In 2010, I met a young backpacker from Australia who was smitten by the jeepney’s loud ornaments and how it can pack at least 40 people in one go. He was short from buying a jeepney until he realized that even when he brings that jeepney with him to Australia, it will never be able to replicate the Filipino experience of riding one. The jeepney is the Philippines.
After all, jeepneys are highly important when on a journey around the country. The ride is inexpensive and it allows you to take in as much scenery as you could. The amusing part of it is that you get to meet interesting people when you share such little space with them.
I love riding jeepneys when I travel to the countryside. While on a jeepney to Tan-awan, in Oslob, I met a young German couple whom I eventually interviewed for a story I was writing on the whale sharks of Cebu. In Guimaras, I was able to save travel time because of the lady seated beside me who provided me with local information about the island. I found the best pongko-pongko place in Cebu City because of the jeepney driver who also frequents the place.
Jeepney rides also send your adrenaline rushing especially when you take the top load, which is, really, a very Filipino thing to do. My friends and I like to do this when we travel around the Cordilleras, where trips in the region are scarce and commuters have to make the best out of these trips, hence the overpopulated rides.
The last time I was on the top load was in December 2010 when we conducted a free leadership training program in Panabungen, a remote community in Mt. Province. I so loved the two-hour top load ride from Besao to Panabungen that when it was time for me to travel back to Sagada en route to Baguio, I was the first one to get on the top load at 5:00 am.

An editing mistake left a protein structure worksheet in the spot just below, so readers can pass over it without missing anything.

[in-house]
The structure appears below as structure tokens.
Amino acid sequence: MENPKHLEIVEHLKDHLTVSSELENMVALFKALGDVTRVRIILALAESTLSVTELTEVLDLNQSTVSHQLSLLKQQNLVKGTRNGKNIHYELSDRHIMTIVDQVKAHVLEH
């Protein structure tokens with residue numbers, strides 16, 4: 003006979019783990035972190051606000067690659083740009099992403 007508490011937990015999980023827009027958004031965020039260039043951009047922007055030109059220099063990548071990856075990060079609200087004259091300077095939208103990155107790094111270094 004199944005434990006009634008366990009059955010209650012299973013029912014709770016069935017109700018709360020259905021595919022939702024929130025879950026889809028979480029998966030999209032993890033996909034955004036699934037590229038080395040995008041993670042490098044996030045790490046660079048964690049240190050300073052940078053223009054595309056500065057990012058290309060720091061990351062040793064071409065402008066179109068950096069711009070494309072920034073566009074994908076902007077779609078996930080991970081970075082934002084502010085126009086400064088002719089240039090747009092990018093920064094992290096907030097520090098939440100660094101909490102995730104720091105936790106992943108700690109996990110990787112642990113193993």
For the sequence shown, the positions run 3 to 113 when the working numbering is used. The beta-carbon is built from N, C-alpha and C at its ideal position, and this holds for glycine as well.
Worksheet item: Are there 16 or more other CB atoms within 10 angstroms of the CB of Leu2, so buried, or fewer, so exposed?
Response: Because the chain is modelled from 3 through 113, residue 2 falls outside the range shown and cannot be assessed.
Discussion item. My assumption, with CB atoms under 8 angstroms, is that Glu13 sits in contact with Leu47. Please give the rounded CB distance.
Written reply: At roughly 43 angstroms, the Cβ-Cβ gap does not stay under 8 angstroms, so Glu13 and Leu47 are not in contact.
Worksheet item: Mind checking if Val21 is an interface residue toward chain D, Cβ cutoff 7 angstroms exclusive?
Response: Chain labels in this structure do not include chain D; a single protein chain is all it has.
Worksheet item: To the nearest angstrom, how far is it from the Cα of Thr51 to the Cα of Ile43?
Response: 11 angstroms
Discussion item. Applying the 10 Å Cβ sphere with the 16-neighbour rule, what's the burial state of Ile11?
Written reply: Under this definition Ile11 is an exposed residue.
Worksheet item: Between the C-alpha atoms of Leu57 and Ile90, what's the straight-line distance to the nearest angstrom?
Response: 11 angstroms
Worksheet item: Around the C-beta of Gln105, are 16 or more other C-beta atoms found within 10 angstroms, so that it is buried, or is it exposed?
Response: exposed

It is high time we give our jeepneys the attention and adoration they deserve. They are not simply there to transport us daily, they speak volume of our history and the kind of society our country has become now.
We need to introduce them to the younger generation who, apparently, has never been accustomed to the jeepney culture yet. Last week, I read a feature article chronicling the lessons a teenager learned from her jeepney ride. While I do not want to be indifferent, I will be honest that for a moment there after reading the article, I felt a lump form in my throat.
We should ride the jeepney often. We are juanderkids, right?
Let us all support the Jeepney Arts Festival. DOT needs people to paint the jeepneys from September 20 to 23 on the SM Mall of Asia Open Grounds behind the SMX Convention Center.
Love and light, everyone. Go, juanderlust! 🙂
- First photograph taken with a Sony T90 digital camera in October 2009, second photograph taken with a Canon 550d in January 2012.
- Photographs on the first collage courtesy of C. Kerpes and A. Hopper, retrieved through Facebook. Travel around the Philippines, 2011.
- Photographs on the second collage taken with a Sony T90 digital camera in December 2010.